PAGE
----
Nhung, age thirty-two, is like a songbird in many ways, and thus it is that with her permission I have nicknamed her “The Nightingale”. She lives at home with her father, age seventy and her mother, age sixty-five.
Her father is retired from his work as an independent construction contractor and her mother has retired from her work in a furniture building operation. Nhung jokingly explains, however, that her father is now once again employed as her personal unpaid Grab (Uber in Vietnam) driver. She also has two older brothers, ages thirty-eight and thirty-two, both married and sighted. She herself was born badly vision impaired and states that her vision rating is two on a scale of ten. With good luck and in the best lighting she might be able to count two fingers if placed in the right position in front of her face. As far as she knows she is the only visually impaired person in her extended family.
Nhung is one of the “Omamori family” whose constant smiles and laughter brighten all whose lives she touches. The sound of her laughter reminds me of a songbird. Her demeanor, too, seems often birdlike while her seemingly carefree spirit of independence and freedom are all suggestive of the lives of birds. Even her attitude about marriage and family, very unusual in Vietnamese society today, are suggestive of the freedom of a bird. It was when I was teasing her about boyfriends while seriously inquiring as to her own life dreams that I learned that, while not uninterested in men, nor in perhaps having a family one day, she is equally comfortable with the thought of simply pursuing her dream of one day having enough money to travel and explore the world.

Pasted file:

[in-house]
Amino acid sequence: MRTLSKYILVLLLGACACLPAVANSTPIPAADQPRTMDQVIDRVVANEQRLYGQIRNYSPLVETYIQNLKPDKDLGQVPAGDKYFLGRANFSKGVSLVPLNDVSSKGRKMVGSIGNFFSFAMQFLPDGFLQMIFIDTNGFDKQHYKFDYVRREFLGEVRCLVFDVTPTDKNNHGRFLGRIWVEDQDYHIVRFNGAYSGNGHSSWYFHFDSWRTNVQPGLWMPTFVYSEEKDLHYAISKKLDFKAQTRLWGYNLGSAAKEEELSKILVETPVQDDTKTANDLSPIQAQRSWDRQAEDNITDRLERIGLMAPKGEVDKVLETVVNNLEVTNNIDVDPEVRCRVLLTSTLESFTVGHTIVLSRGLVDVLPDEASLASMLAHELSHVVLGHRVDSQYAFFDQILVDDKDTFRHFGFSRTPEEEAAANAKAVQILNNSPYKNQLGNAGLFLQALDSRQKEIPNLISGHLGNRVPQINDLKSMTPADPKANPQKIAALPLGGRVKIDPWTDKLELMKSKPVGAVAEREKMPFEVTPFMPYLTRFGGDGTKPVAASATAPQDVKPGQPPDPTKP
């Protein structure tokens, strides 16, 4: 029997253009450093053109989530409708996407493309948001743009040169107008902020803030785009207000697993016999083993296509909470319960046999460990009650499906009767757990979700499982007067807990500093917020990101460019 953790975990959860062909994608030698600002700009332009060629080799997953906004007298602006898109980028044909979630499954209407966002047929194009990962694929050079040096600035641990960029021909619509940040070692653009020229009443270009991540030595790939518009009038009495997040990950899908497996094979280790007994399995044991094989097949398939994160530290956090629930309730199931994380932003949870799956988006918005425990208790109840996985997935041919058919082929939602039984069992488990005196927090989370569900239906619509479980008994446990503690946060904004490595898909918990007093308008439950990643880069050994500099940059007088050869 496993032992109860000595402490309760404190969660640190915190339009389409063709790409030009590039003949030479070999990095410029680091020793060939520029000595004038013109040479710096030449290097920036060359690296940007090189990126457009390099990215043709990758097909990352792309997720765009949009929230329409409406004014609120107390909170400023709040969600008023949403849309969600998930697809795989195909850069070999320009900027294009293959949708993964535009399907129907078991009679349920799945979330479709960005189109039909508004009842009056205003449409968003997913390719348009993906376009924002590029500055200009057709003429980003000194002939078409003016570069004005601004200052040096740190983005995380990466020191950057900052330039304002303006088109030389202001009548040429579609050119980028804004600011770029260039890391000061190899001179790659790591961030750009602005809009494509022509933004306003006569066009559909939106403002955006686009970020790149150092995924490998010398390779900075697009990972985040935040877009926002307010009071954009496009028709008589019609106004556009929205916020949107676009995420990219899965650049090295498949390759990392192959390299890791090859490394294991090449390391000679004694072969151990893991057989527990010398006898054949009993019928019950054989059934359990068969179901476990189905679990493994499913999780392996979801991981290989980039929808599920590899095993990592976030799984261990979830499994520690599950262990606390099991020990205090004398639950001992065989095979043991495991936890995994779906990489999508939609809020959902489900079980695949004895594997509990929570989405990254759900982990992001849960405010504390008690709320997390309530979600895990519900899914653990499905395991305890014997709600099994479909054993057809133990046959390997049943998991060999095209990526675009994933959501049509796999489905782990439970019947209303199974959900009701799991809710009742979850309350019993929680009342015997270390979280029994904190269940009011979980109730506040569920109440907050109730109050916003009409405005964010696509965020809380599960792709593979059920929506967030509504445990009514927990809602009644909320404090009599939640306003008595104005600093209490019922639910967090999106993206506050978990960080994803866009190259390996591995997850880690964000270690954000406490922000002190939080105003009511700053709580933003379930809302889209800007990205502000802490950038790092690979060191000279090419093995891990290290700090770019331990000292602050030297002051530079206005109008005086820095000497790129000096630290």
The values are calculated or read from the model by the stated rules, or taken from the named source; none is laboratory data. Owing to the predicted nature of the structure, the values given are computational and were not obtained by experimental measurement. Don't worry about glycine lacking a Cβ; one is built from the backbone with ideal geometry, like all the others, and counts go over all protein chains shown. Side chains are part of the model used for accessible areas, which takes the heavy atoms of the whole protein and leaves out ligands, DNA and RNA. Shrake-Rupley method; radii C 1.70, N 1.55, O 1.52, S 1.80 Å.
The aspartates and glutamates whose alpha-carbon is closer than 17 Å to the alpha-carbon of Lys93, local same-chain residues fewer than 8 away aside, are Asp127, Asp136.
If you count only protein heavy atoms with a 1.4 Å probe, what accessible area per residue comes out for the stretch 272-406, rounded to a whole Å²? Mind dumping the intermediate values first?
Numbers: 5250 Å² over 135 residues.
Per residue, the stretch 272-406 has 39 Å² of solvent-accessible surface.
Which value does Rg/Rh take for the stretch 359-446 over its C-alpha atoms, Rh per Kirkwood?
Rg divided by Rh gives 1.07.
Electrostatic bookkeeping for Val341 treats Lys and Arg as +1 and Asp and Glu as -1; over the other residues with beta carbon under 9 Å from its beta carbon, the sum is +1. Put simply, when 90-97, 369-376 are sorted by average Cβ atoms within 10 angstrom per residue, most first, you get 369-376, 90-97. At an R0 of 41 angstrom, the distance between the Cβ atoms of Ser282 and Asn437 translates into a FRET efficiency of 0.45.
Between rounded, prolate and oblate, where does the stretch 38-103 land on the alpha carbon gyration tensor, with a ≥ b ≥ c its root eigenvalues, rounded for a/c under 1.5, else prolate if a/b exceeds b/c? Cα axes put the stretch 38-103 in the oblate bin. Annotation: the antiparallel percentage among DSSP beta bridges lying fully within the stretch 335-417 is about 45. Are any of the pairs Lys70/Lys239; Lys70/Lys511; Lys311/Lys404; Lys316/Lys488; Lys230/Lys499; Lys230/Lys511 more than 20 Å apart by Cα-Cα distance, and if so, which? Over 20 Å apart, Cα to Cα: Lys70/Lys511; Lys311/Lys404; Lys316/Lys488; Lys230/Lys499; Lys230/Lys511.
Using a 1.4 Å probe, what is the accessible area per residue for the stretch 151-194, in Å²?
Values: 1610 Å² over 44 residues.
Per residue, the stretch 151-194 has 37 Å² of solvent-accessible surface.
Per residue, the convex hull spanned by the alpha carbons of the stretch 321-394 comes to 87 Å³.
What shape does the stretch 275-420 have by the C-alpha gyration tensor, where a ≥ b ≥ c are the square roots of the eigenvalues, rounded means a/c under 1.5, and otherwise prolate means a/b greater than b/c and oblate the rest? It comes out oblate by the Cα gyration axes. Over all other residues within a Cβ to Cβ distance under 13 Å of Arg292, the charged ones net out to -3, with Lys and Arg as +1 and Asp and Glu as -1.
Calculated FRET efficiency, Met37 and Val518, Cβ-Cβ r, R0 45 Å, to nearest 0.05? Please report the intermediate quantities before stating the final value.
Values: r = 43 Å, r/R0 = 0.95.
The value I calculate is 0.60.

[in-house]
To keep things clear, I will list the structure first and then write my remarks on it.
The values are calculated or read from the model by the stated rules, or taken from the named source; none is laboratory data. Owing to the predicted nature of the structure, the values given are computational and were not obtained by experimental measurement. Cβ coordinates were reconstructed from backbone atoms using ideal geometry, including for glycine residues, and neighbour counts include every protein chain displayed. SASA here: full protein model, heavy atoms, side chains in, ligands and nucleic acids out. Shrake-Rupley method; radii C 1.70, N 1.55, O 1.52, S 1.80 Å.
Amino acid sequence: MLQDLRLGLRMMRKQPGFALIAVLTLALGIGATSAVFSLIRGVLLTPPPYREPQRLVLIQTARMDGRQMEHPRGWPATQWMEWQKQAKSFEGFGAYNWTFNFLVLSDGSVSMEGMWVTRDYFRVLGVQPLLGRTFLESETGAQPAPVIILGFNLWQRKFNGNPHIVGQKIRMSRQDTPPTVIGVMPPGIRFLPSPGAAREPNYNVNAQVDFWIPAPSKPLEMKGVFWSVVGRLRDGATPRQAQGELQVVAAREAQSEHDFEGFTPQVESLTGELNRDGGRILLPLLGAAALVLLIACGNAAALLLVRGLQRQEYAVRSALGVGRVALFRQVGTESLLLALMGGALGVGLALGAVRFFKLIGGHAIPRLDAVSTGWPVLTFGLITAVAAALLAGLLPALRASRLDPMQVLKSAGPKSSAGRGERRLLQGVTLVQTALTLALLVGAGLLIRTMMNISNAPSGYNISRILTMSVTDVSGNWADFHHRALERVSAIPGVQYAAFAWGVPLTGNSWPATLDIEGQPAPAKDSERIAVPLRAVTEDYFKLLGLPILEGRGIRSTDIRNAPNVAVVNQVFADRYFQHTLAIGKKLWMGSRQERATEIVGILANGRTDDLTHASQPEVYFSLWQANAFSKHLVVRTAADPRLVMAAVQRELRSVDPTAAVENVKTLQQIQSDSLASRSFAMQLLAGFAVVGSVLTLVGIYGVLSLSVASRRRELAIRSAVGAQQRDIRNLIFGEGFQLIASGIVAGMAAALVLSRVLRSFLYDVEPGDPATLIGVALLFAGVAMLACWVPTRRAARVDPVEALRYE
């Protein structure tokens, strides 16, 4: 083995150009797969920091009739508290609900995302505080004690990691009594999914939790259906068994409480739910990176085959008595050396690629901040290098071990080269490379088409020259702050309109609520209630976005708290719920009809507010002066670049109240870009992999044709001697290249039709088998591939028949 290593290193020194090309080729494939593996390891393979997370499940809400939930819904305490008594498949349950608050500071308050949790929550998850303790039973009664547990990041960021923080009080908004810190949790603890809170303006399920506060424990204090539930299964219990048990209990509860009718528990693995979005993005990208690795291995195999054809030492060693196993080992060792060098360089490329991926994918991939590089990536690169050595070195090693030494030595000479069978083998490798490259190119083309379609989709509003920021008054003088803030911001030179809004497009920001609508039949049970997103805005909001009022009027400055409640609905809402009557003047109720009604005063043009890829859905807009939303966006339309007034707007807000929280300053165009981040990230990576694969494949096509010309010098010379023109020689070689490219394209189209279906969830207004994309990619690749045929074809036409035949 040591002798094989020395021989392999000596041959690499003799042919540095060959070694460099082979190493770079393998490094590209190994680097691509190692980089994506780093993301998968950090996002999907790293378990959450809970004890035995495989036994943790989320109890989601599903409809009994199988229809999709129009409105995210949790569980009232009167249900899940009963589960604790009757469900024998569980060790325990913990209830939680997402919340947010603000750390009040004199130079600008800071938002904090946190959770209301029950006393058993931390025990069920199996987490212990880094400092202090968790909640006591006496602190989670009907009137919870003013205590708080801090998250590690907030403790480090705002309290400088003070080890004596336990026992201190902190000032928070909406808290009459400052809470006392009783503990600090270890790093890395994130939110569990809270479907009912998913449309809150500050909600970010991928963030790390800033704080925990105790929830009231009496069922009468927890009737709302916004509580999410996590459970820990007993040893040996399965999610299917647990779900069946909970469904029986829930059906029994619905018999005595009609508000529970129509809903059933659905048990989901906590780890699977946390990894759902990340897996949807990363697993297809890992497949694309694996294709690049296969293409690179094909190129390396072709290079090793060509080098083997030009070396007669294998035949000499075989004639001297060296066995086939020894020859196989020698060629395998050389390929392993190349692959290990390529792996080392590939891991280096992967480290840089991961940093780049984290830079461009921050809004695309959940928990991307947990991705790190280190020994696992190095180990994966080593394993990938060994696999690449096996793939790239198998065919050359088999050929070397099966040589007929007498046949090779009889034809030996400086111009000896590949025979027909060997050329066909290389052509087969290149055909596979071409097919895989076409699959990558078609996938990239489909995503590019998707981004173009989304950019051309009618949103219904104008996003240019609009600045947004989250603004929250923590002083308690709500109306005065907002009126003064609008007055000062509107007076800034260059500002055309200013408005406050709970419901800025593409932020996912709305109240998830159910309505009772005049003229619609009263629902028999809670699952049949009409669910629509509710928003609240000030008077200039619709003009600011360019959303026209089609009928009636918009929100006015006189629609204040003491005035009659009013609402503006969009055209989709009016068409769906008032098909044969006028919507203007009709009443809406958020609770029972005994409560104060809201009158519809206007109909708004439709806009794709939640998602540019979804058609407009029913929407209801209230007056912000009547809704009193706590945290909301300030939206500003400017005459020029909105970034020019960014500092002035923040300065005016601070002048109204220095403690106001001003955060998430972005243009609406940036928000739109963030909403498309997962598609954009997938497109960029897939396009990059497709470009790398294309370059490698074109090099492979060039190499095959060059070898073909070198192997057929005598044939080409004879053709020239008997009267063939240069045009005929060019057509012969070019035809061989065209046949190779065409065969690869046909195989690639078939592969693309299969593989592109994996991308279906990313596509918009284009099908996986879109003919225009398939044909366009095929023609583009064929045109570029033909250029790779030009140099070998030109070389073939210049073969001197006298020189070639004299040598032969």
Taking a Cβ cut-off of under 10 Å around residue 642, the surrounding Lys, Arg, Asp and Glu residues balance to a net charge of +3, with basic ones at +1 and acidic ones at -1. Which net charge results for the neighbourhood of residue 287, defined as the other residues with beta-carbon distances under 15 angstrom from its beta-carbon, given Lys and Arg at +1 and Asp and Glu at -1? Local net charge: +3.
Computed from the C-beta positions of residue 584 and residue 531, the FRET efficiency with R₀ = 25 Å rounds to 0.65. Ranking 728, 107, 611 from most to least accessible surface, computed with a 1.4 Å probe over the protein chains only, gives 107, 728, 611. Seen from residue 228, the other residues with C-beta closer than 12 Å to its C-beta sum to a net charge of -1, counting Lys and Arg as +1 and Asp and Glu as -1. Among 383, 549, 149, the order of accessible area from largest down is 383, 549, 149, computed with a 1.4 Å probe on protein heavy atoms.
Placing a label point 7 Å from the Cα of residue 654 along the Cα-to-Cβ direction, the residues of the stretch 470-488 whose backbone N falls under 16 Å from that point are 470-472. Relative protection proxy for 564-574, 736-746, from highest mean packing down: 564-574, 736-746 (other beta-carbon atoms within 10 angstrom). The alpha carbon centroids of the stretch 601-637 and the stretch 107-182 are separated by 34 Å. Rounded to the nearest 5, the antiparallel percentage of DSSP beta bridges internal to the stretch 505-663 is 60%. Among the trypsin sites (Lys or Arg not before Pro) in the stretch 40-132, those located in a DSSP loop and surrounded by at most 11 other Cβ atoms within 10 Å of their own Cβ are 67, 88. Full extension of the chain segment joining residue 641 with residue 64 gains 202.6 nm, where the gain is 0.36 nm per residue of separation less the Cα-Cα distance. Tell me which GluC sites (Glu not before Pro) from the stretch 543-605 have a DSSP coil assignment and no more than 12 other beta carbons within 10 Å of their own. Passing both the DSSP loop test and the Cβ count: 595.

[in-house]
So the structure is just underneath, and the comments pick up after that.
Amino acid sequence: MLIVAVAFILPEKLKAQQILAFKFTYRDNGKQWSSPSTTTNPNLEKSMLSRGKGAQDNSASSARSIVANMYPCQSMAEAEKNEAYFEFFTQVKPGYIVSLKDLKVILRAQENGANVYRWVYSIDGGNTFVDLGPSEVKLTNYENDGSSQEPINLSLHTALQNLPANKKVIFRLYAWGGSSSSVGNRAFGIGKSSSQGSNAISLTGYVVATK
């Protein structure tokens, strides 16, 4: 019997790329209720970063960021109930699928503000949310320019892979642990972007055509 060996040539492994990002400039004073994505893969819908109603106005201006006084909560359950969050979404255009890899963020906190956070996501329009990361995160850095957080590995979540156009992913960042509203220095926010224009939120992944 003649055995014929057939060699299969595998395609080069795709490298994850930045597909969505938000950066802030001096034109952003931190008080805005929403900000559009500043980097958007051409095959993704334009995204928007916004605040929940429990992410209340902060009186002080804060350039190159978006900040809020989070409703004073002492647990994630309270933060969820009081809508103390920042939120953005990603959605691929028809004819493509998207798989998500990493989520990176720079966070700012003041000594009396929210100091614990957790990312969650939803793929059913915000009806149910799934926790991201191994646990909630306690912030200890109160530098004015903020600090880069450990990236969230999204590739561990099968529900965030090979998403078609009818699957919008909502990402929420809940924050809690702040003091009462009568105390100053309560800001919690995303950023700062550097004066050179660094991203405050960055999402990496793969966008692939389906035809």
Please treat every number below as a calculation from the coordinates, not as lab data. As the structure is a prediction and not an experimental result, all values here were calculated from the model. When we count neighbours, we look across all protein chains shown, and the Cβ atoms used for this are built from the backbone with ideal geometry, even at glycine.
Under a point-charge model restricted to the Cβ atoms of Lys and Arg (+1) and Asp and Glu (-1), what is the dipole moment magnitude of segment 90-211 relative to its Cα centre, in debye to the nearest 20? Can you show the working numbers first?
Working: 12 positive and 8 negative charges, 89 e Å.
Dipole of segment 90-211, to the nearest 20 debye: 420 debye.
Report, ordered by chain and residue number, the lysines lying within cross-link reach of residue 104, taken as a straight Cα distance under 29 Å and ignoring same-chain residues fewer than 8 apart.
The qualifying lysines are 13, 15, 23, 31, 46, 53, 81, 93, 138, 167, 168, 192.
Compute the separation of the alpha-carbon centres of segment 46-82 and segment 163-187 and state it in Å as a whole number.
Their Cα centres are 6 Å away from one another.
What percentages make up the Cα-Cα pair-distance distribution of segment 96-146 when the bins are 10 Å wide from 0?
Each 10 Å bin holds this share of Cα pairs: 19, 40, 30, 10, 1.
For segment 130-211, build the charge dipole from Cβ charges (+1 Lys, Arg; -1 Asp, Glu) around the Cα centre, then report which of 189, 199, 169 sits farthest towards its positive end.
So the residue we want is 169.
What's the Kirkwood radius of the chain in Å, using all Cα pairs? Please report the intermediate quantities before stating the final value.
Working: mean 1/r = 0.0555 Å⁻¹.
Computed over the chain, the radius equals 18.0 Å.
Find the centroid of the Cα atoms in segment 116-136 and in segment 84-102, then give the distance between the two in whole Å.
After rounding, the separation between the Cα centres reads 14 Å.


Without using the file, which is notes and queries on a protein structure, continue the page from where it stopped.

While serious vision impairment and blindness give rise to a community of the blind, both at Omamori and in society in general, as with any community it is the individual differences in the community members that make the community an interesting place, figuratively speaking, in which to reside. Nhung describes herself as “simple, soft, happy, harmonious and friendly”. Add to that “free as a bird” or carefree, as well as concerned about the well-being of others and it’s easy to see what sets her apart as a unique individual in the blind community. I had a hard time choosing between the chickadee and the nightingale. However, learning how much she loves to sing and knowing that she has a beautiful voice sealed the choice of nightingale for her nickname.